The Hypocrisy of the Melky Cabrera Aftermath

All Star Game, Ballparks, CBA, Cy Young Award, Draft, Fantasy/Roto, Free Agents, Games, Hall Of Fame, History, Hot Stove, Management, Media, MiLB, MLB Trade Deadline, MLB Waiver Trades, MVP, Paul Lebowitz's 2012 Baseball Guide, PEDs, Players, Playoffs, Politics, Prospects, Spring Training, Stats, Trade Rumors, Umpires, World Series

Amid the shock (really?) and indignation (really?) at Melky Cabrera’s failed PED test and admission that he took a banned substance, few if any have acknowledged the juiced up elephant in the room that was present while Cabrera was being celebrated for dedicating himself to physical fitness and fulfilling his so-called “potential”. That elephant being a wondrous jump in production that was so unlikely and unexpected that it should’ve been asked months ago: is he taking anything to account for the newfound success?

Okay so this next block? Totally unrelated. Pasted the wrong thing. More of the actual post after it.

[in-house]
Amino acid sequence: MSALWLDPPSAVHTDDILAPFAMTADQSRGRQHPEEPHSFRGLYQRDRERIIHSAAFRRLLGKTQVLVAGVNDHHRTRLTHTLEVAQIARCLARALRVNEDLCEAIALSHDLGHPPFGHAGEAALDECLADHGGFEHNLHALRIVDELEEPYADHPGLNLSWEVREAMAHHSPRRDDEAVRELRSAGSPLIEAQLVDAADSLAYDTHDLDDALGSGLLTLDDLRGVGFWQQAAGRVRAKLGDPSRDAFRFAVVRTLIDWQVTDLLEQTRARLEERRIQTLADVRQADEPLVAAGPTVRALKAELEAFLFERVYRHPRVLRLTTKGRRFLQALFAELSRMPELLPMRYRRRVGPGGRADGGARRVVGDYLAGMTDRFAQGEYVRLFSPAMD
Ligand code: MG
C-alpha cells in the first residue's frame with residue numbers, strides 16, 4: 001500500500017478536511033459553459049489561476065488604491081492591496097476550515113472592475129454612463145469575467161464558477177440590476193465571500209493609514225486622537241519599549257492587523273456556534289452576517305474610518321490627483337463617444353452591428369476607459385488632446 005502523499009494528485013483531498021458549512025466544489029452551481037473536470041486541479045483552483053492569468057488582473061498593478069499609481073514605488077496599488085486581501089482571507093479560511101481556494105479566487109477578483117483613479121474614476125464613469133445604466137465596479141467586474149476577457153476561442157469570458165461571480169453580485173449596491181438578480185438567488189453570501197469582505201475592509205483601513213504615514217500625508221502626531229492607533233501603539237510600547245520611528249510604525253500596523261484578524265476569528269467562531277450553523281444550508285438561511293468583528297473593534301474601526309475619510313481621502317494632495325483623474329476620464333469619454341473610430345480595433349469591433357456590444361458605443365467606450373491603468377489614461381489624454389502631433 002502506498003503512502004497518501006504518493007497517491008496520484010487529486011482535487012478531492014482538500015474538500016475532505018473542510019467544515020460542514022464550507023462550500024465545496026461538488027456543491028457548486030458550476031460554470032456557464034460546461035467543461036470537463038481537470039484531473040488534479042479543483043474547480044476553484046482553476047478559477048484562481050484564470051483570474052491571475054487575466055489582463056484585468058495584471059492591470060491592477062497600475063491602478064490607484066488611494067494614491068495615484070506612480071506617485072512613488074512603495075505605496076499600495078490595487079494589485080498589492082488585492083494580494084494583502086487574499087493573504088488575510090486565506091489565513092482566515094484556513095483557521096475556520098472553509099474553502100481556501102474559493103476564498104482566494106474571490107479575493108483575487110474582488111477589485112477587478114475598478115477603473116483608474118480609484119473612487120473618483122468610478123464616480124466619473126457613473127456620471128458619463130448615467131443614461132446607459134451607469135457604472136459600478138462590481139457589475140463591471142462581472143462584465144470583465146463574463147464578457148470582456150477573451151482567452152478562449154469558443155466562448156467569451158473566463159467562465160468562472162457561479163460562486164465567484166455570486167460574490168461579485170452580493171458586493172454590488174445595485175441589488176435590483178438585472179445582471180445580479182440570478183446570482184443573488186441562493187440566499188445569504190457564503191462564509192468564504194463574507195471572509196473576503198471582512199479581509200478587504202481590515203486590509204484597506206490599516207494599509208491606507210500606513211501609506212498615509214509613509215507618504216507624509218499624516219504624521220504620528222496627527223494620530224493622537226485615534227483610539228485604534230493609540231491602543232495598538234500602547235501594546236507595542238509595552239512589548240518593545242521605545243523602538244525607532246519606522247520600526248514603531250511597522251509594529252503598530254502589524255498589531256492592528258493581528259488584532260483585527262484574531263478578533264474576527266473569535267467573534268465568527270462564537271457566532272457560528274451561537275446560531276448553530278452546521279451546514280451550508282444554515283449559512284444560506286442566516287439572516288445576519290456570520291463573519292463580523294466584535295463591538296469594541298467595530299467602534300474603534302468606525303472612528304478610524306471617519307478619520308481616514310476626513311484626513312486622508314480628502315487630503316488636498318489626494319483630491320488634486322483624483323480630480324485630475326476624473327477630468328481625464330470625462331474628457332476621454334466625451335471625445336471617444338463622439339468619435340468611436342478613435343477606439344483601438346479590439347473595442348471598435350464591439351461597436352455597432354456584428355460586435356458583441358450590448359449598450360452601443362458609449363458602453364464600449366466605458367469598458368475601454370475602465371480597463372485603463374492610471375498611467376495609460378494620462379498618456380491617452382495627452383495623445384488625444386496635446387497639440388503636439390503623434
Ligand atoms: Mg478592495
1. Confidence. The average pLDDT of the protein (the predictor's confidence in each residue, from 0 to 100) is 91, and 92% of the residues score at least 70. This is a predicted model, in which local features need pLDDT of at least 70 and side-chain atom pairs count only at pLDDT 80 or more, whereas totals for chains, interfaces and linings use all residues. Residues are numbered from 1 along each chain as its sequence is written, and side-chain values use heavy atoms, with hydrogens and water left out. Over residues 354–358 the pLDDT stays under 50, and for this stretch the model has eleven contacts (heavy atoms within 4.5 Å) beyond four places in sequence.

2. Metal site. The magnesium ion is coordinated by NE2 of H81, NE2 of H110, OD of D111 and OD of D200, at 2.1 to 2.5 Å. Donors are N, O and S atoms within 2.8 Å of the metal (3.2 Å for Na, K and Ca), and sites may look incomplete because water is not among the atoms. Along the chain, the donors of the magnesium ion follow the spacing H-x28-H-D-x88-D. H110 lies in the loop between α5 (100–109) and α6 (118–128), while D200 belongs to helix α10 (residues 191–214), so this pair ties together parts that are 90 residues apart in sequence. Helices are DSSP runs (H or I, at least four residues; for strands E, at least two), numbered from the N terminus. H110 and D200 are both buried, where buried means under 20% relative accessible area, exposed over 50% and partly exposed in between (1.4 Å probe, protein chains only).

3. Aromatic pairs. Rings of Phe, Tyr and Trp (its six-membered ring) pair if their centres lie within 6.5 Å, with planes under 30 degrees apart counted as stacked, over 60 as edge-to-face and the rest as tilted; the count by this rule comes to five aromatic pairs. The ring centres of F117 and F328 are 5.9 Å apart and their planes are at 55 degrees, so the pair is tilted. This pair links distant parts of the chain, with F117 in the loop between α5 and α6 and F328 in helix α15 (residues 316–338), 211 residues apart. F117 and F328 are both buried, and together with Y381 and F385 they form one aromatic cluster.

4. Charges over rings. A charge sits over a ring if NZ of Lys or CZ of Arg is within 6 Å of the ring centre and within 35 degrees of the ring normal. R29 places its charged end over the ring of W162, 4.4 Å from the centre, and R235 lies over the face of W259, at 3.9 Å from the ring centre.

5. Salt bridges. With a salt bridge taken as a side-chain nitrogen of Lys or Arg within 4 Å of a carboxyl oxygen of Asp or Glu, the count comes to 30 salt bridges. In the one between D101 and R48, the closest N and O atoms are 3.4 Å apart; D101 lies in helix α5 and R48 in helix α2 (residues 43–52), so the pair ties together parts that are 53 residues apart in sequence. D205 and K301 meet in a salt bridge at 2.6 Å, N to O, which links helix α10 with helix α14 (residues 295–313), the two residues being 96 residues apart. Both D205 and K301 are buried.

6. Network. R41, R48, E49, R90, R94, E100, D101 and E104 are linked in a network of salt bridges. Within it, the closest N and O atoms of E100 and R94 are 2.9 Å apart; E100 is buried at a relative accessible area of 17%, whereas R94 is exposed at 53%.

Instead of the preemptive suggestion that the foundation of Cabrera’s career year was the result of hard work and more than a little luck, there’s the postscript from people like Joel Sherman saying that there were “whispers” that he failed a test in late July. Then why didn’t you report it Joel? Or plant it as an anonymous story somewhere? Considering who you work for and your nonexistent journalistic ethics, you know how to do that, don’t you? Of course you do.